7. Donate to arts relief funds. There are local, provincial, national and international arts relief funds. Charity starts at home, and small donations from many caring hearts can make an enormous difference. Think of it as buying someone a drink or a coffee. It could be a life-changing coffee.

  8. Support your local performance venue! Buy tickets for future shows or buy merchandise. These are the heartbeats and lifelines of communities, and the artistic homes of many artists. Supporting independent venues will strengthen the whole industry.

  9. Buy a play! Online there are e-books, pdf’s, and hard copies. Score even bigger points by supporting local playwrights or buy the rights to perform one of your friends' plays for a night - read and perform it in your own house!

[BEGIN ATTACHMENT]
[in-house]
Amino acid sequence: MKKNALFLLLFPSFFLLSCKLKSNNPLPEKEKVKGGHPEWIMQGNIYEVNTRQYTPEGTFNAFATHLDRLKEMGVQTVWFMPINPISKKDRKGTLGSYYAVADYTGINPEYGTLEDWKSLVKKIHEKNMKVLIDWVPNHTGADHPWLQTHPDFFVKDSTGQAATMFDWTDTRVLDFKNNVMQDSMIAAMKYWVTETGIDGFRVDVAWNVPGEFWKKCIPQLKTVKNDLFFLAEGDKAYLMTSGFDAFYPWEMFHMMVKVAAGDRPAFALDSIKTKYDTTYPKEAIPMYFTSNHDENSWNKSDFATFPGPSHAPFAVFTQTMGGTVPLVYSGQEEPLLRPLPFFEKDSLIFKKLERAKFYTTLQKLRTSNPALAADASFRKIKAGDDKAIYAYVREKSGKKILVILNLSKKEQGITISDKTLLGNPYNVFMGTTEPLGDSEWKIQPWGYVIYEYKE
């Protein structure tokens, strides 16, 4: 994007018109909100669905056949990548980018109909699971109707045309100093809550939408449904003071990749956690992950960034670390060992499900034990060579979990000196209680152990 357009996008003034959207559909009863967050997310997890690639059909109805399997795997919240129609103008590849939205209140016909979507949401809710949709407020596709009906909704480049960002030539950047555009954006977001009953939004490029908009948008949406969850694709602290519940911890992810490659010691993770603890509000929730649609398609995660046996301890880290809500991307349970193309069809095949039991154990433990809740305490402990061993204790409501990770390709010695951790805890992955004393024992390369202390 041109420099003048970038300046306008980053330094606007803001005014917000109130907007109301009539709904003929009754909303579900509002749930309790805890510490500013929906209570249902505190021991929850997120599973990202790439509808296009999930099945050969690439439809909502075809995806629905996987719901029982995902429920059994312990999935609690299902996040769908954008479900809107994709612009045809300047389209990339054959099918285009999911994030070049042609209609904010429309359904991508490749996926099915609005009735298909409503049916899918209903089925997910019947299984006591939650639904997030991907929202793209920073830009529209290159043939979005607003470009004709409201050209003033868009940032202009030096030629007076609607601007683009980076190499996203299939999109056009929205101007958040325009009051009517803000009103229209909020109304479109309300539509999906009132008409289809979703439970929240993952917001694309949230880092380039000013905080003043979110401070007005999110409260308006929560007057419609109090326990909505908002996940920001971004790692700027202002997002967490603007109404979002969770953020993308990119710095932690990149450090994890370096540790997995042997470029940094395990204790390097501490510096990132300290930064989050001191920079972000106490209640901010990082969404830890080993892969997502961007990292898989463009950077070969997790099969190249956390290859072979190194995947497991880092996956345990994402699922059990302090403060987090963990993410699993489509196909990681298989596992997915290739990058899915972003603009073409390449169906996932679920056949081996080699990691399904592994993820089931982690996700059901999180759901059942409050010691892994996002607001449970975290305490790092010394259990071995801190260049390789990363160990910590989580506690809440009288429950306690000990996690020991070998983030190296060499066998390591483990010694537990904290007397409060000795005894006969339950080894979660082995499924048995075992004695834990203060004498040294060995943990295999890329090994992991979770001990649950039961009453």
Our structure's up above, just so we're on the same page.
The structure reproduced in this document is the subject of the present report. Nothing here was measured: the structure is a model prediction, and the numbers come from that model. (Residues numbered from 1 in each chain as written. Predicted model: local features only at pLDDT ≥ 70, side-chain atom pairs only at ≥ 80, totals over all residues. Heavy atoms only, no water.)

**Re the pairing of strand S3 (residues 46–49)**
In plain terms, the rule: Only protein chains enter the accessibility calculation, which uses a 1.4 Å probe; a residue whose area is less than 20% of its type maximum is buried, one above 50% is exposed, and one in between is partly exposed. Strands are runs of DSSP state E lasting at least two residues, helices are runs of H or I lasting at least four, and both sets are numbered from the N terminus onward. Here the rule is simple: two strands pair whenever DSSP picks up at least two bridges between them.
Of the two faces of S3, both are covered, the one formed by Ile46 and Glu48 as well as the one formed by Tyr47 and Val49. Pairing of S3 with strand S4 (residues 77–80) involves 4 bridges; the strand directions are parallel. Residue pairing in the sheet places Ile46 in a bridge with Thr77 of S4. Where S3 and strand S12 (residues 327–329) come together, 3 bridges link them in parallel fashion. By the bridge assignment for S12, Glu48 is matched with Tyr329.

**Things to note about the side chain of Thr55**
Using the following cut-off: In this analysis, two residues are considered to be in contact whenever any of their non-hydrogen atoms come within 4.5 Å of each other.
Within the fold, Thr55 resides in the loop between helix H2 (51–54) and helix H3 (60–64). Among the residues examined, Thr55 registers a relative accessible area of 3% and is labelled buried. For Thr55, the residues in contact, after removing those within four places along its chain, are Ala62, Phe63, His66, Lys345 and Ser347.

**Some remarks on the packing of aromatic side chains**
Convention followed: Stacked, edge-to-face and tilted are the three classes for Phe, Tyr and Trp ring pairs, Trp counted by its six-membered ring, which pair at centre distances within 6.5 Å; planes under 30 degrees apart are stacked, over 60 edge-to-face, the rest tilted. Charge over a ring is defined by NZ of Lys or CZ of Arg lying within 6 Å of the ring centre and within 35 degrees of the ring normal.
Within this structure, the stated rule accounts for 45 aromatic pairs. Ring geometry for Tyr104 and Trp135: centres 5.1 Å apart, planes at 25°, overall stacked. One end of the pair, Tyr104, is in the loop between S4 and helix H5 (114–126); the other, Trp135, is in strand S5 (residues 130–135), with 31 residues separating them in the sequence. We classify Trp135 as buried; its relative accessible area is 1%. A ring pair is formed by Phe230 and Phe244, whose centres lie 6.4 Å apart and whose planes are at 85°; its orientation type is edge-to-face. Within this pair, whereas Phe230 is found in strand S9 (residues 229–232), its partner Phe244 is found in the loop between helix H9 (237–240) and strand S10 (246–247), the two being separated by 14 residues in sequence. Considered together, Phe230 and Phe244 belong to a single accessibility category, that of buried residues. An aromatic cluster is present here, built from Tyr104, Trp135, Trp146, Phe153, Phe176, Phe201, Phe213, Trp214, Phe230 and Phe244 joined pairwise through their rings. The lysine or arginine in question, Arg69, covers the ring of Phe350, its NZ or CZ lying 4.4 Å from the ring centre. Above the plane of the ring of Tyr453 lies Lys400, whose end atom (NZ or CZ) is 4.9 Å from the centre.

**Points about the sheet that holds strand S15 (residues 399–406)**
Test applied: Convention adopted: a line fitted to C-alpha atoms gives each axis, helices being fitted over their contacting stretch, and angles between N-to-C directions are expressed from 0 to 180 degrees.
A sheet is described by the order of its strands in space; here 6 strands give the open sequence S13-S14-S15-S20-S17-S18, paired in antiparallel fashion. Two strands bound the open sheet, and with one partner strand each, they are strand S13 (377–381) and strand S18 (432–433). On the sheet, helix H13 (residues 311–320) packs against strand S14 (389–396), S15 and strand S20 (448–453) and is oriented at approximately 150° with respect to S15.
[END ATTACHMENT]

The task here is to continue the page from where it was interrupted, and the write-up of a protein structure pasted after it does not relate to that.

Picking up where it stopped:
10. Stream it! Play your friends’ album, podcast, or audiobook in the background while you work or, for the most minimal level of effort - play it on repeat (on mute) whilst you sleep! Remember to leave comments & likes. High viewership and interaction rates make artists more likely to get noticed.

  11. Commission work! Pay for a song, a script, or a performance!

  12. Build them up! Punt their work old and new online by reposting an old review, photo or poster, and promote the work that is currently in the making.

  13. Write reviews! Write a short supportive review in the comments section of their Youtube channel, FB Page, Website, or Linkedin. Review their online publications, books, and scripts. Write a testimonial or reference letter for them. Write about your experience seeing their latest (pre-pandemic) show and how it made you feel, or what it’s like working with them as a collaborator.

  14. Collaborate! Now is the time to reach out and cross-pollinate. Reach out and connect with visual artists, designers, animators, writers, musicians, and other performers. Create something exciting and experimental and new. Reach out and create with non-creative freelancers too. The world is our germ-filled oyster.